‘The Art of Maintaining A Good Relationship’ is to put more effort into cultivating relationships with family & friends who matter!
Ikigai talks about our purpose in Life. For me, “Not to live a long life but to live a meaningful life!”
- As the years have passed what would you say is something you’ve learnt that is a gem of knowledge?
We are learning every day. I started taking lessons & playing the piano at 60. Knowledge comes from everywhere … the books you read, the movies you watch & pure observation of friendship and what’s going on in our surroundings and life.
- We feel that people are still in their prime after they reach the age of 50 and more. Would you agree? What do you feel people who have reached this age have that the young generation may lack?
I think the young are very advanced as they are more exposed than we were in our times. The access to handphones and the web opens many opportunities and knowledge which they can access.
The young may not have “eaten a lot of salt” and they may not have gone through the many experiences as their elders.
My only concern is the use of social media. While it is great to celebrate and be in touch with friends, it exposes oneself. With careful private settings hopefully you are protecting your personal info and not sharing too much for those perpetrators who are watching you closely on social media.
- If you could change something in your life or change something in the past, what would it be?
I would be an accountant because the possibilities are so many for accountants.
- What do you feel most passionate about?
I’m passionate about food and movies. I watch a variety of genre except horror and I love dramas & thrillers. My favorite series this year is, ‘All the Light We Cannot See’. It is a series about goodness, love, hope and innocence – all of which are things you cannot see, but you can transmit and pass on to someone else… A story that is wonderfully told and based on the Pulitzer Prize winning novel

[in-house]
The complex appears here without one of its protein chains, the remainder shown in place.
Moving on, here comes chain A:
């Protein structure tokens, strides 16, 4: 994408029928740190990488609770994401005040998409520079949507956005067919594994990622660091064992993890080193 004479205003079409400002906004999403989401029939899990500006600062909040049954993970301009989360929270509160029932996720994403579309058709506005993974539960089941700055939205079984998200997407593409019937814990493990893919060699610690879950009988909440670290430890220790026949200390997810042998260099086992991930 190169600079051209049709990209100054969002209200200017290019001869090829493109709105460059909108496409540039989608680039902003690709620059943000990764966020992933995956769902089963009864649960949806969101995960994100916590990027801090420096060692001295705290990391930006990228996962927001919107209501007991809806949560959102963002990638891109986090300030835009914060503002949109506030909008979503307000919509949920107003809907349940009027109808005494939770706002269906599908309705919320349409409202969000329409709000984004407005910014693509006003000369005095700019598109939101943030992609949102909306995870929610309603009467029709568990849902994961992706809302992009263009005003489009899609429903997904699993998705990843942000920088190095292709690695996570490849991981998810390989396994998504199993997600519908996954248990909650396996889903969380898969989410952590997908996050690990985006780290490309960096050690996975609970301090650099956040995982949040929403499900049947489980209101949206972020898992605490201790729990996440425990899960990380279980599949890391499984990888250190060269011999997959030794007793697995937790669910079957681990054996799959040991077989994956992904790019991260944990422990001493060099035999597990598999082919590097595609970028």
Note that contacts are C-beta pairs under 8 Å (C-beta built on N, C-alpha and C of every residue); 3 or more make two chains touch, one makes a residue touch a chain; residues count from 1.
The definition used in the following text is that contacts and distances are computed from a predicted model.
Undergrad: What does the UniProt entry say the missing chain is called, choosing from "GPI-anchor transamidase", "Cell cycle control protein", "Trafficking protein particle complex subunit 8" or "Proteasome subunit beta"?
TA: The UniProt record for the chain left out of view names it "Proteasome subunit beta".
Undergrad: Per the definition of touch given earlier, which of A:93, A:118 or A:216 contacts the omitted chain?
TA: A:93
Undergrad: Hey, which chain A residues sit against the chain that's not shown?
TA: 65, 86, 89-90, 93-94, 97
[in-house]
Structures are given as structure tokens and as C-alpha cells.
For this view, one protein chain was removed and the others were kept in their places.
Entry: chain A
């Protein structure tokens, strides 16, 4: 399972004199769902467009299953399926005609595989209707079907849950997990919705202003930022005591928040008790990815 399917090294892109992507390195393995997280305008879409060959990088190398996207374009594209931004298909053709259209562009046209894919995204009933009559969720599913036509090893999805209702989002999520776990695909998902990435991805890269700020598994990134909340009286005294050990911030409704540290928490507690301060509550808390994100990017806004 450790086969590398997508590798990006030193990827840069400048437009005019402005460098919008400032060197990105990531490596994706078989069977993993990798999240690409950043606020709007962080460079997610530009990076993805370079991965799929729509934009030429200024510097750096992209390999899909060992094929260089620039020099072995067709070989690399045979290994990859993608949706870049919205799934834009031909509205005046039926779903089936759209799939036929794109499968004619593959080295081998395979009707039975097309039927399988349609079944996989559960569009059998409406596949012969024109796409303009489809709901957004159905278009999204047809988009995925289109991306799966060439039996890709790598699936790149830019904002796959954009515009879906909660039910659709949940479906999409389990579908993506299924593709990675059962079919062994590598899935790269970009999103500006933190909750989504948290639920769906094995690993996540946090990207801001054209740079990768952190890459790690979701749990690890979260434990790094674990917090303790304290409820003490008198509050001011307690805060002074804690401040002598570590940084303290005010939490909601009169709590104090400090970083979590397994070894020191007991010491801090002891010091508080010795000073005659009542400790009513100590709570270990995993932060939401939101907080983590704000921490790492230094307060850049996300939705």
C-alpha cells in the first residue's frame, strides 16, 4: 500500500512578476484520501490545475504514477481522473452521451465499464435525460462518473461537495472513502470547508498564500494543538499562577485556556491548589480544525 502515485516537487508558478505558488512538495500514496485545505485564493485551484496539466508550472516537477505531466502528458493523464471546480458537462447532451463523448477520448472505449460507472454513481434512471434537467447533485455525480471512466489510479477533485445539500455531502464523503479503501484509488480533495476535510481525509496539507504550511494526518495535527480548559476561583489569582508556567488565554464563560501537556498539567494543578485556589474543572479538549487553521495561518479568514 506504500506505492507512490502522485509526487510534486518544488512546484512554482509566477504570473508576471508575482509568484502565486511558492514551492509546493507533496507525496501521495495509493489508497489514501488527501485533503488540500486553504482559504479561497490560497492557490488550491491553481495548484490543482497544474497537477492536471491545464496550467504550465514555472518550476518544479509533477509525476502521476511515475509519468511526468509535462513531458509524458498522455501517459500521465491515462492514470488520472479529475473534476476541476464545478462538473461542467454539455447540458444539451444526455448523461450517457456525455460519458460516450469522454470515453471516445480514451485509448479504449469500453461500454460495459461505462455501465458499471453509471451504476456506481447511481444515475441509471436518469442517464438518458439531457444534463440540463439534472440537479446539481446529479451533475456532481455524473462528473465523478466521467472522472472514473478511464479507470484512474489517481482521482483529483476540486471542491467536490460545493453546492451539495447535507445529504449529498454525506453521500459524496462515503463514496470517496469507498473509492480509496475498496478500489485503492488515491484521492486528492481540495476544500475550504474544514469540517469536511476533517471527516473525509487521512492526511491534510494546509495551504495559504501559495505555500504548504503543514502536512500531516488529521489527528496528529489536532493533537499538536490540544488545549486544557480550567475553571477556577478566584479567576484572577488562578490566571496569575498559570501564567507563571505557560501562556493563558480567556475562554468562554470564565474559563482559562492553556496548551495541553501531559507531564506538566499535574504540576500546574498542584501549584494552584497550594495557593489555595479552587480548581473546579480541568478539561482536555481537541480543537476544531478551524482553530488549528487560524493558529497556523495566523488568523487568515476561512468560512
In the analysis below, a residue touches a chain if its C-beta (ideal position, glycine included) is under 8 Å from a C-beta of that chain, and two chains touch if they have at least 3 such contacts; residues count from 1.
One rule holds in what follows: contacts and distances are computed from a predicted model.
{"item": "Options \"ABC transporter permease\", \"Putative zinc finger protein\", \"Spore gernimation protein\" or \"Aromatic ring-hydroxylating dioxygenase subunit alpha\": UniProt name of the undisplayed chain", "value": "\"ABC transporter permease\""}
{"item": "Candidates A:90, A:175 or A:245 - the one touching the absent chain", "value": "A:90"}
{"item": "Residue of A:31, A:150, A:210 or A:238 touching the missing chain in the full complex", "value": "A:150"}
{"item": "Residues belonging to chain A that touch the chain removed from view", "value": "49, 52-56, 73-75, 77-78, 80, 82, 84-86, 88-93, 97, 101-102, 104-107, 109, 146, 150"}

- Can you tell us a bit about your life? How you started out as a young adult and where you are now, etc.,
I come from humble beginnings. Dad was the sole bread winner, mum a homemaker and 2 siblings – a sister and brother. We started with very little when we were young, not privileged, didn’t go to international school nor study overseas but that helped to keep us grounded and be grateful for everything we have. I started working when I was 19, doing all sorts of promotional work and saved enough to pay for my fees to college. And we worked every time there were school holidays. There were no fancy holidays for the family but we were happy. All I have today was built over the years and I’m thankful for the opportunities and exposure working in multinational companies like Coca-Cola & L’Oreal and advertising agencies. I learnt a lot in corporate life, there are corporate friendships and friends who love you for who you ARE and I’m glad I made more friends after leaving the corporate world. Friendship is important as you start to spend more and more time with friends who keep each other going.
Tay Ai Leen is at a stage of life where she has had many interesting experiences that she can share. Her perception about the corporate world and life in general is vast and this makes her a lady who has gems of knowledge she can impart.